Yes, you can use the NAS, as long as it is accessible by Explorer. So, make it a file share and include the share to your laptop, mapped to a drive letter.
Please note that you can not work on your photos when the connection to the NAS is not available. However, you can create SmartPreviews if you need to be able to work offline.
It's important to move the photos with the very same structure they currently have. This way you just need to relocate the topmost folder from within LR after the copy/move and you're all set.
Thanks for that F McLion. I am using a MAC so not sure how to share or map as you suggest. Do you know? If not I will try and google it for an answer. Thanks heaps.
OK, the concept stays the same and working the same.
Since I'm not familiar with Mac's I can not exactly tell you how to do it because they don't use drive letters (UNC path instead AFAIK).
No worries - I will check it out. Thanks
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Just one thing to watch out for - if you are using a cloud based backup, some of them will not backup a NAS. It's easy enough to get round but could be a nasty shock if you weren't aware.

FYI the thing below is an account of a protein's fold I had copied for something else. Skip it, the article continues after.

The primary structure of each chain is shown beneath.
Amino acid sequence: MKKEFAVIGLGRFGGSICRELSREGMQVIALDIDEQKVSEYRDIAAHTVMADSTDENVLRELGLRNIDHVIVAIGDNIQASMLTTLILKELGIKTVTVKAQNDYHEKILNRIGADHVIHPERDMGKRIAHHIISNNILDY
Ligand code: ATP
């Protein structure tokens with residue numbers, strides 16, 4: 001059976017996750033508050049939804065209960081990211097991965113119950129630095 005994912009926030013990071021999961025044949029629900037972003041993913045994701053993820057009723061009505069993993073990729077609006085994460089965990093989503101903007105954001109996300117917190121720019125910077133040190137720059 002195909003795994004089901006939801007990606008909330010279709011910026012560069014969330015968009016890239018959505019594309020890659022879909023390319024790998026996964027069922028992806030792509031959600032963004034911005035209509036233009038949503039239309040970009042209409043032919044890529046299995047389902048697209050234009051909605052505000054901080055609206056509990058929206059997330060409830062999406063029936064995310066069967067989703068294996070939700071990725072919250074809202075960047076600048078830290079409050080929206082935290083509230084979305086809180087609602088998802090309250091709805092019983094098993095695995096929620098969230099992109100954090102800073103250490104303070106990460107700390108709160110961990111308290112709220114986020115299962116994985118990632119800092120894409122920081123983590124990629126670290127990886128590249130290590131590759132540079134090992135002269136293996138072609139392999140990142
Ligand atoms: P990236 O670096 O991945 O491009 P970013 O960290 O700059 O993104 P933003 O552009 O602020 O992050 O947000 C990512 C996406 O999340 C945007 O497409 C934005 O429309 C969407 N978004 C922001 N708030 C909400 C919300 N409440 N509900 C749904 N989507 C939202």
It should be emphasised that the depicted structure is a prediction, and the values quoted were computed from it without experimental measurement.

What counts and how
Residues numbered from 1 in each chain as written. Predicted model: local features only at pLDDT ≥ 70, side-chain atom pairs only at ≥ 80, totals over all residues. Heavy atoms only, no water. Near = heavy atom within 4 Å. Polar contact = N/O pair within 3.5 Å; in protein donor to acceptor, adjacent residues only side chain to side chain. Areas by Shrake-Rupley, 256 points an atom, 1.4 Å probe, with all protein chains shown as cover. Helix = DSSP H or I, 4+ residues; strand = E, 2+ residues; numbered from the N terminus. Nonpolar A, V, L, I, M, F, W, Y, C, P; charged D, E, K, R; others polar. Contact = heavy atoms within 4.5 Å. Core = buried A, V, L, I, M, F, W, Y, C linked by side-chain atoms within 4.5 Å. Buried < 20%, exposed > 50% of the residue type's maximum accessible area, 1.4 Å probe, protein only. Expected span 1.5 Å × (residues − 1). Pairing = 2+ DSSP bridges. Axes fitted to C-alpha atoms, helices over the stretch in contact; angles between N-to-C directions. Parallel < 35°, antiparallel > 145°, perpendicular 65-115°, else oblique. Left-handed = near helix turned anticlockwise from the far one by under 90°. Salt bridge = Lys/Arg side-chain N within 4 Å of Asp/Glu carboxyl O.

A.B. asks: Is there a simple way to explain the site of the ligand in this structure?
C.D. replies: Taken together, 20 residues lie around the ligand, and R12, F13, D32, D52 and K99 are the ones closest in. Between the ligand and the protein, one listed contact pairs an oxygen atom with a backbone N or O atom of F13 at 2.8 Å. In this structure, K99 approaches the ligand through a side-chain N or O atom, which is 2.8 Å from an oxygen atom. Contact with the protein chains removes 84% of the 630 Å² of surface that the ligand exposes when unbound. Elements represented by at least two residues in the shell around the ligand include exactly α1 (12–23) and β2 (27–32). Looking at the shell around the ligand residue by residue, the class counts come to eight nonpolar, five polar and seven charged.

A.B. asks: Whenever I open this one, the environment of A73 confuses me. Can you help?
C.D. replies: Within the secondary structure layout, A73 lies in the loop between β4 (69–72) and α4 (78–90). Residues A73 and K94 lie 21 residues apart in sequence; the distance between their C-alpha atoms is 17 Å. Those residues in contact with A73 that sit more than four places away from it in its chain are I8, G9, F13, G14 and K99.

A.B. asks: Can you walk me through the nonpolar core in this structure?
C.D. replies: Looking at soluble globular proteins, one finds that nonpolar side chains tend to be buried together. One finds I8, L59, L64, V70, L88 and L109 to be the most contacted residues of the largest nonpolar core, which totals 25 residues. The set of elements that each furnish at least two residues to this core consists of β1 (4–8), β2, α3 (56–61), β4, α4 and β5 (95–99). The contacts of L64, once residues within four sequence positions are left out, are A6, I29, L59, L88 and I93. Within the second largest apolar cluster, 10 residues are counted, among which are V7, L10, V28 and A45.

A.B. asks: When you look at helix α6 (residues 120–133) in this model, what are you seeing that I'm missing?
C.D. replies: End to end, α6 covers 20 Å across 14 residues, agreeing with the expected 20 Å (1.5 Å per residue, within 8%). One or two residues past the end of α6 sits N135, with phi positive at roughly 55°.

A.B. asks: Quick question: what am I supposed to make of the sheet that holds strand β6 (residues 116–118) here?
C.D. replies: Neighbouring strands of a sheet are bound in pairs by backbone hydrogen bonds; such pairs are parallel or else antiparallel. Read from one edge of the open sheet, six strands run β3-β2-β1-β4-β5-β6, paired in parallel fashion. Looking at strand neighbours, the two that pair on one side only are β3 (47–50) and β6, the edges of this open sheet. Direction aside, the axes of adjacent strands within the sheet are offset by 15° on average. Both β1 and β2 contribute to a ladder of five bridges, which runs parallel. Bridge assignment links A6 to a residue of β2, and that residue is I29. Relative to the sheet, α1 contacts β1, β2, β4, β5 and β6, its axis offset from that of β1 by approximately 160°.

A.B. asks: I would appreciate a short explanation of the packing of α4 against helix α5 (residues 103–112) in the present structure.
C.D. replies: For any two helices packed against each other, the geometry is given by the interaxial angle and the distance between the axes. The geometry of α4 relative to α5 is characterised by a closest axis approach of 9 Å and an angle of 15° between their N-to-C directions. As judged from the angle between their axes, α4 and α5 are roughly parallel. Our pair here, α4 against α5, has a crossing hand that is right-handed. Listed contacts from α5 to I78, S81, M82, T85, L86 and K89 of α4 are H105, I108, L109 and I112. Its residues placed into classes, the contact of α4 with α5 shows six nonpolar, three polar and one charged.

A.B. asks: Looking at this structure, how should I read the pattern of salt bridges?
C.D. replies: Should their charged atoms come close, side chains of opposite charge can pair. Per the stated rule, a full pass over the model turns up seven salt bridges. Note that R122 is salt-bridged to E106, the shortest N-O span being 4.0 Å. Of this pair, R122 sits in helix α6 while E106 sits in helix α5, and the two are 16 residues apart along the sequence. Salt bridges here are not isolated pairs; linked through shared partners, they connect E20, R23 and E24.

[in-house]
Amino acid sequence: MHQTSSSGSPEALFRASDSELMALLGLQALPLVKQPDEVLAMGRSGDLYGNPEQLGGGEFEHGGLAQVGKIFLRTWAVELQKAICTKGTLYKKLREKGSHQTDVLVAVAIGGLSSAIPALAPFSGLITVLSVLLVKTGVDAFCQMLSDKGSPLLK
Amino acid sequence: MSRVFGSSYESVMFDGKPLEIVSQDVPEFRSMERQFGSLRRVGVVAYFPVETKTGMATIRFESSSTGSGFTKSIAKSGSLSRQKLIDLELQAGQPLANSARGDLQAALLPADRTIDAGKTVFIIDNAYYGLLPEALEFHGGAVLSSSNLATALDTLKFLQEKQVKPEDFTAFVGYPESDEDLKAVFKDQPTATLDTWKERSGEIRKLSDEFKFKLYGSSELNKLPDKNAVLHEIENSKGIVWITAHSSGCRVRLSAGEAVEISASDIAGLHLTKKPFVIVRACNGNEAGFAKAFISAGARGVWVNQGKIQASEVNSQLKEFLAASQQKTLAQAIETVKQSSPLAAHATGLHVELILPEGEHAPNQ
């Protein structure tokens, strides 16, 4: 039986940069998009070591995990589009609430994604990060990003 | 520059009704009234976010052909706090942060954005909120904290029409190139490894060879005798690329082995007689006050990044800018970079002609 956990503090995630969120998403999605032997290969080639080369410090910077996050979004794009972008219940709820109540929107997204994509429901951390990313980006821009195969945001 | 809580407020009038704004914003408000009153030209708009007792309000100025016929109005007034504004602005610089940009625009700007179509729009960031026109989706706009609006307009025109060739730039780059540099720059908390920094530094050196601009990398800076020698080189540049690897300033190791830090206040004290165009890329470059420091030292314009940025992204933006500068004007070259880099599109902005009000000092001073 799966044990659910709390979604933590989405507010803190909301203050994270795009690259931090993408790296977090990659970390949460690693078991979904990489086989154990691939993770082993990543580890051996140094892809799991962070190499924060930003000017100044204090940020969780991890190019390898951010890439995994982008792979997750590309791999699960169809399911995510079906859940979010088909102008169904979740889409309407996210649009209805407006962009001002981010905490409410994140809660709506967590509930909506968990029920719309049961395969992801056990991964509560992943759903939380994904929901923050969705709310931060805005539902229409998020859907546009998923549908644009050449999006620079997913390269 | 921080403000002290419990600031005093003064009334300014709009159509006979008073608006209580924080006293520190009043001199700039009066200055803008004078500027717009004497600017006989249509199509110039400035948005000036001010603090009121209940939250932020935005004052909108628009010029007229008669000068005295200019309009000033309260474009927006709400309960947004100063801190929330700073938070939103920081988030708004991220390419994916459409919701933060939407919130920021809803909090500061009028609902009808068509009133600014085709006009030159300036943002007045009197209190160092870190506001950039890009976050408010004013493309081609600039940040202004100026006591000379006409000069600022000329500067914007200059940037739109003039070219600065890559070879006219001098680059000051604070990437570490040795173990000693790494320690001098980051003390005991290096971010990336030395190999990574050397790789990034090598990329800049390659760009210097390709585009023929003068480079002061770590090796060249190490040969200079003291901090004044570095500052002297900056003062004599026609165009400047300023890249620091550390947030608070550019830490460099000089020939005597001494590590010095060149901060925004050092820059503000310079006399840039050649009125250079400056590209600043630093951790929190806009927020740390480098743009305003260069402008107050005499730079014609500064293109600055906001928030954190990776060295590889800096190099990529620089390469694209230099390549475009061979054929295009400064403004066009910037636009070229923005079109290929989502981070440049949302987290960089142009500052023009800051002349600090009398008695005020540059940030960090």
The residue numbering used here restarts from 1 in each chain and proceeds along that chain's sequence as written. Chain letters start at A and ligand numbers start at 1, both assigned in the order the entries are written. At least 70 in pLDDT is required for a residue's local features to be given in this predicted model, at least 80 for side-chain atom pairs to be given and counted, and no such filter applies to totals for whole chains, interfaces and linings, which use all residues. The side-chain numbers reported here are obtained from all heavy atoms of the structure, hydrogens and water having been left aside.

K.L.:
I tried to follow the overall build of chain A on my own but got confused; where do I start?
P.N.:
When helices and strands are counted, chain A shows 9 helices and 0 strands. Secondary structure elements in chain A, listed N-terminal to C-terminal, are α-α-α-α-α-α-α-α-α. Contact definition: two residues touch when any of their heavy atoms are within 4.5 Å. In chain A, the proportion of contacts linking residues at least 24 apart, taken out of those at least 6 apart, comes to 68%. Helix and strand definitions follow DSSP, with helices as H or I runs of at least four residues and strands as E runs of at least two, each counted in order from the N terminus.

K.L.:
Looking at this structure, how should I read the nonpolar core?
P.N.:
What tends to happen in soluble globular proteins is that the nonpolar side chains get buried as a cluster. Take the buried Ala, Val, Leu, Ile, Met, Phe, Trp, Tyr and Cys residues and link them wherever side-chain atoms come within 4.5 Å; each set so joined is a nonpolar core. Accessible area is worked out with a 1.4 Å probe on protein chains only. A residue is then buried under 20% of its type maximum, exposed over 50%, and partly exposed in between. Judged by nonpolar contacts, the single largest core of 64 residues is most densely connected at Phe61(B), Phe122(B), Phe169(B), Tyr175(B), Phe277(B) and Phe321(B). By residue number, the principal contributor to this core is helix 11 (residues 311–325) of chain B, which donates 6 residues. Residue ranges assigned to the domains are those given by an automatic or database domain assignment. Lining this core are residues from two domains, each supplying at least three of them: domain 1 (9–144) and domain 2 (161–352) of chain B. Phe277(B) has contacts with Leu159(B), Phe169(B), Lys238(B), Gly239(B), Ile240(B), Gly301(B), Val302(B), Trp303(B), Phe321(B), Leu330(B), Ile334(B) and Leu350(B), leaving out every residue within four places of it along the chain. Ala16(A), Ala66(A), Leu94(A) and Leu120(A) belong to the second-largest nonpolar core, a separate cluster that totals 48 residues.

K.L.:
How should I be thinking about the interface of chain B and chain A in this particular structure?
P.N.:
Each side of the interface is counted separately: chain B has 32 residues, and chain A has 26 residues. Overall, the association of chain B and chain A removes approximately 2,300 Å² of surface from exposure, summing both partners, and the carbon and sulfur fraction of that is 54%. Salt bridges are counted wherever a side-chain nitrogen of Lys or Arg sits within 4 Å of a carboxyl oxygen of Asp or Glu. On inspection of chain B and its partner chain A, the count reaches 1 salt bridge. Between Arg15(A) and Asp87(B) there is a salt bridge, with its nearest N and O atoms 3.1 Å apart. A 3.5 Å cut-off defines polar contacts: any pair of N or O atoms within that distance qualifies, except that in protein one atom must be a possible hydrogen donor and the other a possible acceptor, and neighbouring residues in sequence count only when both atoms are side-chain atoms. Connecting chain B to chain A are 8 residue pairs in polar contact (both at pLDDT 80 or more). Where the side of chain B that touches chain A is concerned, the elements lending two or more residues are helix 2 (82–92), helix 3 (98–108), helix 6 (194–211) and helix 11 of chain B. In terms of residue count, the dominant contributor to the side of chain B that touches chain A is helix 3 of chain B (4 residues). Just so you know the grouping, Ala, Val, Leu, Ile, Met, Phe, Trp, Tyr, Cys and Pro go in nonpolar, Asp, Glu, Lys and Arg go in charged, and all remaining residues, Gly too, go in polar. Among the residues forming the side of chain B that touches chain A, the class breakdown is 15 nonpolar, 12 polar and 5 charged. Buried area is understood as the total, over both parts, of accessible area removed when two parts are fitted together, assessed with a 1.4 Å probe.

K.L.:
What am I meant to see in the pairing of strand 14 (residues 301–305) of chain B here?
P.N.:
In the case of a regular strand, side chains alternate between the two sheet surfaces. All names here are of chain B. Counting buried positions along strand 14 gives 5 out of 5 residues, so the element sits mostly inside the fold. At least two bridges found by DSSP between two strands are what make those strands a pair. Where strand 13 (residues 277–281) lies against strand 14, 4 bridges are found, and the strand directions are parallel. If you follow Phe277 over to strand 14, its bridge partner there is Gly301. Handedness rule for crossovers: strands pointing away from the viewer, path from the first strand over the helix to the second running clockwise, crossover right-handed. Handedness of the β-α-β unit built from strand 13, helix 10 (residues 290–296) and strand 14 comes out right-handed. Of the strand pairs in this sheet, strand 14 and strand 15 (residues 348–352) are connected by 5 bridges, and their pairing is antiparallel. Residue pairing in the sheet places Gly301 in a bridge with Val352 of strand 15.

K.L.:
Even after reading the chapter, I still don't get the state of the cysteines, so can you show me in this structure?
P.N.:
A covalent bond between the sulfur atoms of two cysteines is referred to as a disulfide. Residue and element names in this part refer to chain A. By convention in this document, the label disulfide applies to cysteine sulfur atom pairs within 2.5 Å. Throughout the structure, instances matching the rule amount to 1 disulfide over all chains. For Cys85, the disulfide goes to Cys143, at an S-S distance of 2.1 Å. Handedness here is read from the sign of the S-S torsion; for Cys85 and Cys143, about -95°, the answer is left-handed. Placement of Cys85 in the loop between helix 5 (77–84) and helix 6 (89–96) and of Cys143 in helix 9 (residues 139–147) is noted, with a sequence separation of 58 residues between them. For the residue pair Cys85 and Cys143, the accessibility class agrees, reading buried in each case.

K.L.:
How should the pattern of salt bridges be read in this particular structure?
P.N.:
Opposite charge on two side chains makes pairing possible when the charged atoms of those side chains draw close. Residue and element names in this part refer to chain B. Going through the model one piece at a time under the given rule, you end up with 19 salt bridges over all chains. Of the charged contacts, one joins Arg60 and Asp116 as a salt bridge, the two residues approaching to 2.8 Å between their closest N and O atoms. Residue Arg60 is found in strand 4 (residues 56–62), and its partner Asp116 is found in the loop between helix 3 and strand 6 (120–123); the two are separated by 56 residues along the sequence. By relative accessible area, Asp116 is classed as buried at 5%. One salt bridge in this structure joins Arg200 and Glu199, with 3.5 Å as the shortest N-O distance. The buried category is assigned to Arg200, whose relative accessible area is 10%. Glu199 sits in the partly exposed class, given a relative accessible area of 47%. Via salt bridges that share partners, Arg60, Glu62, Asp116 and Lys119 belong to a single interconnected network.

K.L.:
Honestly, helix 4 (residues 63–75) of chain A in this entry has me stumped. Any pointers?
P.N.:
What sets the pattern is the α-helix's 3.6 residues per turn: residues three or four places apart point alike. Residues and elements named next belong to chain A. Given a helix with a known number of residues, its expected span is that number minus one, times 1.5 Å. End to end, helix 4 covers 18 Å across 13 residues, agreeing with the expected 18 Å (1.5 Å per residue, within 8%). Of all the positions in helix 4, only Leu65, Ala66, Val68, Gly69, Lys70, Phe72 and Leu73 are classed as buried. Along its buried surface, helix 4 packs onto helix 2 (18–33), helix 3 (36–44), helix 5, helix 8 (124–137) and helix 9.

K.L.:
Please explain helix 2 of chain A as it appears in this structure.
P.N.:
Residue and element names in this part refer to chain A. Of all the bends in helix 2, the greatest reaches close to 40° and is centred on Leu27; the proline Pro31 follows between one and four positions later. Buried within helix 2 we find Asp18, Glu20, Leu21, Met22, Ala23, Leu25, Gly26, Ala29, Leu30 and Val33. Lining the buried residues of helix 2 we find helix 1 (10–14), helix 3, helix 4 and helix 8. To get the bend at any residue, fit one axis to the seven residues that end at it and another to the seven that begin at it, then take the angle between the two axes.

Thanks all - appreciate the advice
I use a Neatgear ReadyNas with my iMac and store all of my photo raw and jpeg files in shared NAS directories. The Lightroom catalog and preview files (ircat, irate, and other Lightroom files) stay on my local drive. To get the NAS to access Mac directories for backups, those directories need to be set up as shared directories. To access the NAS directories I mount those at startup. (use Go --> Connect to Server (server's IP address) --> then mount the directories I want to access with Lightroom). NAS is basically acting like a server.
I use a direct ethernet (wire) connection between the iMac and NAS which is about ten times faster than using wifi. It's still slower accessing NAS files than if I store them in an attached (usb connected) hard drive. The NAS connection is not as stable either; it hiccups every day or so; but it has still been fun to mess around with the NAS.
Set up a small, separate photo directory first and play with that for a few weeks before you start moving your main photo library to NAS. I gather many people have problems doing it this way, and a more efficient system might be just to keep your photos on an external hard disk(s), and just connect the NAS to back those up periodically.
Lately I've had one hiccup in my system that has gotten worse: when I do Lightroom photo merges (HDR and Panoramas), Lightroom generates the merged dmg file on the NAS but then it totally hangs. It used to recover after 10-20 minutes, now the program just goes into not responding mode for hours. Lightroom is trying to do something with the NAS that it just can't accomplish. (That's why I'm dinking around in the Adobe forum.)